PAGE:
Thursday, December 13, 2007

Just not that into me: on the job search

In dating, I learned to recognize the signals of "just not that into me" even before the book came out. Even over email, a flat tone was evident in the correspondence and delays were palpably longer. Of course, it's obvious when they are into me. So it's particularly sad when there is clear interest and then it suddenly drops off.

The exact same form of "just not that into me" shows itself on the job search. Early this fall, I had an interview with what was possibly the perfect postdoc: in the small field where I've done most of my research so far, past postdocs have gone onto become faculty at the same university, great city, prestigious, and they had clearly thought about the professional development and mentorship issues, and the director was clearly considerate and respectful of her research assistants. Everyone seemed thrilled to meet me, and their enthusiasm was not even dampened by the fact that on arrival I was completely drenched due to a torrential downpour en route. As the last meeting of the day, I met again with the director, and we spoke about starting dates; she liked that I could leave my current position early, and she said that perhaps they could even let me know before the application deadline they'd issued. She also asked one question, "What's your work style?" I answered truthfully that I like to start and finish things early, though deadlines are always helpful. Totally true! I don't manage to, but I do like to, and that's definitely my goal.

Right after I got back, I sent a thank you note by email and a hand-written note as well. A couple weeks after I got back, I sent her an update with my defense date and saying that I could even start slightly earlier than I said at the interview. No response to any of this. Somehow the relationship soured. It's not mysterious: she must have spoken with someone that I used to work with, to whom I owe a paper, that I'm finishing as we speak (this week?). Maybe she even decided that I fudged my description of my work style. Once she decided she didn't like me, she could pluck little things from the interview to not like, and in the few months I was waiting to hear (having not applied to very many other things) I have assembled about three other things, including my miscalculation of the weather. I put my expected defense date as October in my cover letter, and it turned out that we couldn't find a date that everyone could meet then, so it had to be deferred to November. I miscalculated the weather and ended up wet. I acted like myself and gave my actual opinion and experience.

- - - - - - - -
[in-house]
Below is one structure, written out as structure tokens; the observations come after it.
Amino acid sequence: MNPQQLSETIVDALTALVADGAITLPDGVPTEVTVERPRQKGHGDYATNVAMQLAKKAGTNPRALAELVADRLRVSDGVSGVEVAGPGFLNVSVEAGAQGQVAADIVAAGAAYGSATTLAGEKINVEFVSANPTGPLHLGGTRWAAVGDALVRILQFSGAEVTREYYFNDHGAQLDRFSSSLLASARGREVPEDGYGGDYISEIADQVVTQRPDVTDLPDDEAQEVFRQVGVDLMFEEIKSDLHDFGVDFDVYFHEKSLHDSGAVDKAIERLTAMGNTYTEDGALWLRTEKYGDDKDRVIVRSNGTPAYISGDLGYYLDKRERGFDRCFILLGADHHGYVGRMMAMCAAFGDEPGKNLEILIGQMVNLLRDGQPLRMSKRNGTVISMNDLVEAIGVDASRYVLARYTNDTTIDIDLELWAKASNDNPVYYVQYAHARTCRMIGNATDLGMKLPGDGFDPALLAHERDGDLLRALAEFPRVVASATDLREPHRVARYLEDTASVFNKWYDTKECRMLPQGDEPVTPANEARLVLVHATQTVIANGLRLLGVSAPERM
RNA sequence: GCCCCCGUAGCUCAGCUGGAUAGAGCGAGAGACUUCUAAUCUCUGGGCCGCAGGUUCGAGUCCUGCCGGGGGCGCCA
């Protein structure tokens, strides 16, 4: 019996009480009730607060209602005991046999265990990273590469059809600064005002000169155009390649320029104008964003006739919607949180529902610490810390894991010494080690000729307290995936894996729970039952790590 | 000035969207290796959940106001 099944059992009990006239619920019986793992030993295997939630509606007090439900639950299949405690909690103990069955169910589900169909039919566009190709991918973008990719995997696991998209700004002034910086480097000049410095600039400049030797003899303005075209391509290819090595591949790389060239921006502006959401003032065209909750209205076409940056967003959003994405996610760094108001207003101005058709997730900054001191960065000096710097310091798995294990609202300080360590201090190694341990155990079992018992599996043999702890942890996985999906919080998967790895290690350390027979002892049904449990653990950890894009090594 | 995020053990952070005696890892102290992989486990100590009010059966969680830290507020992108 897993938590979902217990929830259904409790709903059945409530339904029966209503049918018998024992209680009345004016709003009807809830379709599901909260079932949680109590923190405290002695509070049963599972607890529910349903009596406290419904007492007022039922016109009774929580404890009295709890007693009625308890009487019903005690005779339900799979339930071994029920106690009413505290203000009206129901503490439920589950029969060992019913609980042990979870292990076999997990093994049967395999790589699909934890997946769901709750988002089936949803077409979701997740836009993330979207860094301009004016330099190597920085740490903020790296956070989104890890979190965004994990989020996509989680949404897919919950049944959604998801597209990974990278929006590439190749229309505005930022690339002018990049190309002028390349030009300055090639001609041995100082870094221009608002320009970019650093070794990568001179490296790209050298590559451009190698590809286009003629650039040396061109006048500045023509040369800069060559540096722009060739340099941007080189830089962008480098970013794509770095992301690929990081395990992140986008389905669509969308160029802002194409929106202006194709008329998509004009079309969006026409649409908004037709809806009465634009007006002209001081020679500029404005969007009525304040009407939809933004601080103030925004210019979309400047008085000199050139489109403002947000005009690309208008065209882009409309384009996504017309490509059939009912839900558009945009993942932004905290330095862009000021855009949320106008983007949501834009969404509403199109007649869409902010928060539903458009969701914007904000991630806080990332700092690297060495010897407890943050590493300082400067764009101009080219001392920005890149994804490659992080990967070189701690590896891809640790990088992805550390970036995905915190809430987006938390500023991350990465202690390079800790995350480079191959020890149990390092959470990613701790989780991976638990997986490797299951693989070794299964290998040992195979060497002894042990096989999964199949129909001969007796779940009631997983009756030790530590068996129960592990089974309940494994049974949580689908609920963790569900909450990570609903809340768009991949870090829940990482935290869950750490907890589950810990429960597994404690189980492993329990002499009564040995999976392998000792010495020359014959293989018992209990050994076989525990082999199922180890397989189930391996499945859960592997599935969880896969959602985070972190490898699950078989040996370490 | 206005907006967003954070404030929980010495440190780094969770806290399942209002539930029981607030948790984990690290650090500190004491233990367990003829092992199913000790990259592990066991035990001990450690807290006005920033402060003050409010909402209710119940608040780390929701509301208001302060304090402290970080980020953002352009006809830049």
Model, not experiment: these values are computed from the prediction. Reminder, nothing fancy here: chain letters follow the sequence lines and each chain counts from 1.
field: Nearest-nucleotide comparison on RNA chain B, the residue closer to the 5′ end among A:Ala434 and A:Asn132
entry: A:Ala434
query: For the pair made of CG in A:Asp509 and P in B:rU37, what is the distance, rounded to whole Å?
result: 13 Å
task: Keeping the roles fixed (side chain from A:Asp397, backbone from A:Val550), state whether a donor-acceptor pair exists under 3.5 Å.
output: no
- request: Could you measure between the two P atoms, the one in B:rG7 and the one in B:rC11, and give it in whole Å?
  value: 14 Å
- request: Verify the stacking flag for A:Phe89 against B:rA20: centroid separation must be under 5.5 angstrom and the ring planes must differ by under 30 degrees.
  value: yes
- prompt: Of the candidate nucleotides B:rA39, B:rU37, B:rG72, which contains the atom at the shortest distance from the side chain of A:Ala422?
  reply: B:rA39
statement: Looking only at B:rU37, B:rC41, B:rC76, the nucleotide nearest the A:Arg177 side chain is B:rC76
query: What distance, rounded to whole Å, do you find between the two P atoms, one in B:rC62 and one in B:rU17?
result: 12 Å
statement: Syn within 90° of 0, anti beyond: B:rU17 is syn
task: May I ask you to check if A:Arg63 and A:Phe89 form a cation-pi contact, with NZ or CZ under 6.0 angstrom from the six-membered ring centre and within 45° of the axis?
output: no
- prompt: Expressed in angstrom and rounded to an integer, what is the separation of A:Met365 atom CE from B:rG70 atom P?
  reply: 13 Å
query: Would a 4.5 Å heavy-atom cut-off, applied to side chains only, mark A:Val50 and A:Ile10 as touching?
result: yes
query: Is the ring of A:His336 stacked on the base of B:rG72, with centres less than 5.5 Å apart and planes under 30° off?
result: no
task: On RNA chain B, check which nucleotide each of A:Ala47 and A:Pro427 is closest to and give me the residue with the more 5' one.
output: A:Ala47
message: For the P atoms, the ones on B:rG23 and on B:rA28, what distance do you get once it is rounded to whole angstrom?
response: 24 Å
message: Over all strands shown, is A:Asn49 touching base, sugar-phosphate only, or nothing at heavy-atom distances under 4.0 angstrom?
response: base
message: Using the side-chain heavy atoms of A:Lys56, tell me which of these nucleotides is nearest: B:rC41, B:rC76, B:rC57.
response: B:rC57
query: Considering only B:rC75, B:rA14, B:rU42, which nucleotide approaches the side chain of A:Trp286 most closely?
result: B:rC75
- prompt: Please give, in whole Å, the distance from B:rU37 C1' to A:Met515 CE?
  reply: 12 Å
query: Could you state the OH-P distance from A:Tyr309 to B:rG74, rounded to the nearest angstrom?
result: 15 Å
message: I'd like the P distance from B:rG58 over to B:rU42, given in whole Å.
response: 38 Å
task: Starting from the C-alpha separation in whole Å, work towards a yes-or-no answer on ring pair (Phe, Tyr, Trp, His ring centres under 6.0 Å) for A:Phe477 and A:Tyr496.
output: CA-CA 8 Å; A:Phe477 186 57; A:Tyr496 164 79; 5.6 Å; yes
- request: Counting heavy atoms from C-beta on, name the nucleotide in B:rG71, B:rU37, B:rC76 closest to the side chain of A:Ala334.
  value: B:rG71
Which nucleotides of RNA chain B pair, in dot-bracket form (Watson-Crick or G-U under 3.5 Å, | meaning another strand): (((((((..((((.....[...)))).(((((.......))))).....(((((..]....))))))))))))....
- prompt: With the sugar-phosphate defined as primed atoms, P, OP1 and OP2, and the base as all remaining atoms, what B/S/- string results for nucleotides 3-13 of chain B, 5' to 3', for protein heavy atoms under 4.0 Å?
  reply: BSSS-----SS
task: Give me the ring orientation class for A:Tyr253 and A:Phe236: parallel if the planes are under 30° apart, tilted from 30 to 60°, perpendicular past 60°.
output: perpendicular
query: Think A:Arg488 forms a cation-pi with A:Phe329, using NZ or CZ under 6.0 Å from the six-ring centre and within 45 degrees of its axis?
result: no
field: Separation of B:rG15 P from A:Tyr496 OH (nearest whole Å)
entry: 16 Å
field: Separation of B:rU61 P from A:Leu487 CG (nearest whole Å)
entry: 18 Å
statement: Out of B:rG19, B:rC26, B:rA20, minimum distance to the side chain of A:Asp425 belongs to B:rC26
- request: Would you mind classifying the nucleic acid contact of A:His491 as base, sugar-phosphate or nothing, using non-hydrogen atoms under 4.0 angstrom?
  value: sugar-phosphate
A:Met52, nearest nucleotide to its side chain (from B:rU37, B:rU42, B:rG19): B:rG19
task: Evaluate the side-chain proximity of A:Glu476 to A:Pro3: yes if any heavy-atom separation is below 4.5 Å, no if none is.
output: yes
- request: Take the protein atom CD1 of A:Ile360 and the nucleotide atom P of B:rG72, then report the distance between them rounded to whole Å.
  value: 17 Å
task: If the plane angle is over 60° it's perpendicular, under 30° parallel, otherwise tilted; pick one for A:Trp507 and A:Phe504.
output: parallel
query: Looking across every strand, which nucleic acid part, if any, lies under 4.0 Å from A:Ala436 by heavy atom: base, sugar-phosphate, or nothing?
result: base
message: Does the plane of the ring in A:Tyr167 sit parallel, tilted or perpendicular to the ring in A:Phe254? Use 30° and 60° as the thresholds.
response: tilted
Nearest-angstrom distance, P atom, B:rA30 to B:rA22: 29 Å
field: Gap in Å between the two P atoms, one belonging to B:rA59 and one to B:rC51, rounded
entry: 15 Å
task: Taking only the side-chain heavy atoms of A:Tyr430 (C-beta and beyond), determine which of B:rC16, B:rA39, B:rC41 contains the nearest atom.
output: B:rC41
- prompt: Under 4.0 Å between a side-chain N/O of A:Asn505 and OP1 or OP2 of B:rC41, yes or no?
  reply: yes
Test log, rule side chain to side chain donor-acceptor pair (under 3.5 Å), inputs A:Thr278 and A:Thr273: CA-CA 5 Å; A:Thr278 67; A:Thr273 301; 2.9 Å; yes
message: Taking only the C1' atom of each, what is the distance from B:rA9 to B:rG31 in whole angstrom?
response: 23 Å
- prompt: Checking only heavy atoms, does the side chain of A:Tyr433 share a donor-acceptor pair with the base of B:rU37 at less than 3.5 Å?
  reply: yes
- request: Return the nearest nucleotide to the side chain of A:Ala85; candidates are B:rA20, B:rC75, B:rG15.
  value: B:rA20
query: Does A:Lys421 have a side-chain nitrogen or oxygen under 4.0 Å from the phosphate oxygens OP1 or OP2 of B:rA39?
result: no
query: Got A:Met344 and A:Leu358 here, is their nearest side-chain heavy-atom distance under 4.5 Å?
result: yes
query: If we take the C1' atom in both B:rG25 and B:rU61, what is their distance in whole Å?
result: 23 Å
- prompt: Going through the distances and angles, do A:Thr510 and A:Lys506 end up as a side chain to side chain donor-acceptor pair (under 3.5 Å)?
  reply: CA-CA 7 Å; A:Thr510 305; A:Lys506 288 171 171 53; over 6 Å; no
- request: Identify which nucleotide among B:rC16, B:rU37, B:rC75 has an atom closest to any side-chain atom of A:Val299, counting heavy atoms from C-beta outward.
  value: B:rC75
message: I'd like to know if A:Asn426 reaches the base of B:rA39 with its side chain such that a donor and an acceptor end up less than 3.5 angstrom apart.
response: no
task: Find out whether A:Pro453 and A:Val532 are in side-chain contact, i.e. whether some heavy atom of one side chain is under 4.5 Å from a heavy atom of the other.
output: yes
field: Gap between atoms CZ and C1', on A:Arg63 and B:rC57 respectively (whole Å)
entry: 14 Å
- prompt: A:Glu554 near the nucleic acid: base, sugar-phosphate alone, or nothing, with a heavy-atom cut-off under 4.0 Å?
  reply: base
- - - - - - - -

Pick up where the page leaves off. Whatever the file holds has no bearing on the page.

Similarly, this fall I had a phone interview with an academy associated with a branch of the military. I know this is controversial among some, but some of my best friends are former ROTC and I didn't have any qualms about accepting the interview, although I did repress the urge to ask when asked if I had any questions, "Just out of curiosity, do you hire lesbians?" But it seemed like a decent enough job, and certainly worth interviewing for.

For some reason, the phone chemistry simply did not work. I had been spending the morning hard at work, in a bit of a work trance, and my eyes were a bit bug-eyed from looking at my computer too much when the call came. It was my very first phone interview of the year, and I hadn't thought about the job market for several months. The very first question that I flunked was how the weather was. "Very hot," I said. Which I thought was a fine answer. It had been a bit cool, and it was pretty late in the year to still have hot weather, so I liked that it was hot. I suppose that I could have answered at greater length, but I was after all still a bit spacey from doing work. My interviewer said, as if contradicting me, "Oh, the weather here is cool and quite nice."

The job turned out to be one that I didn't want because of the teaching load, but somehow it stings that the reason they didn't pursue things with me was because I failed the small talk.

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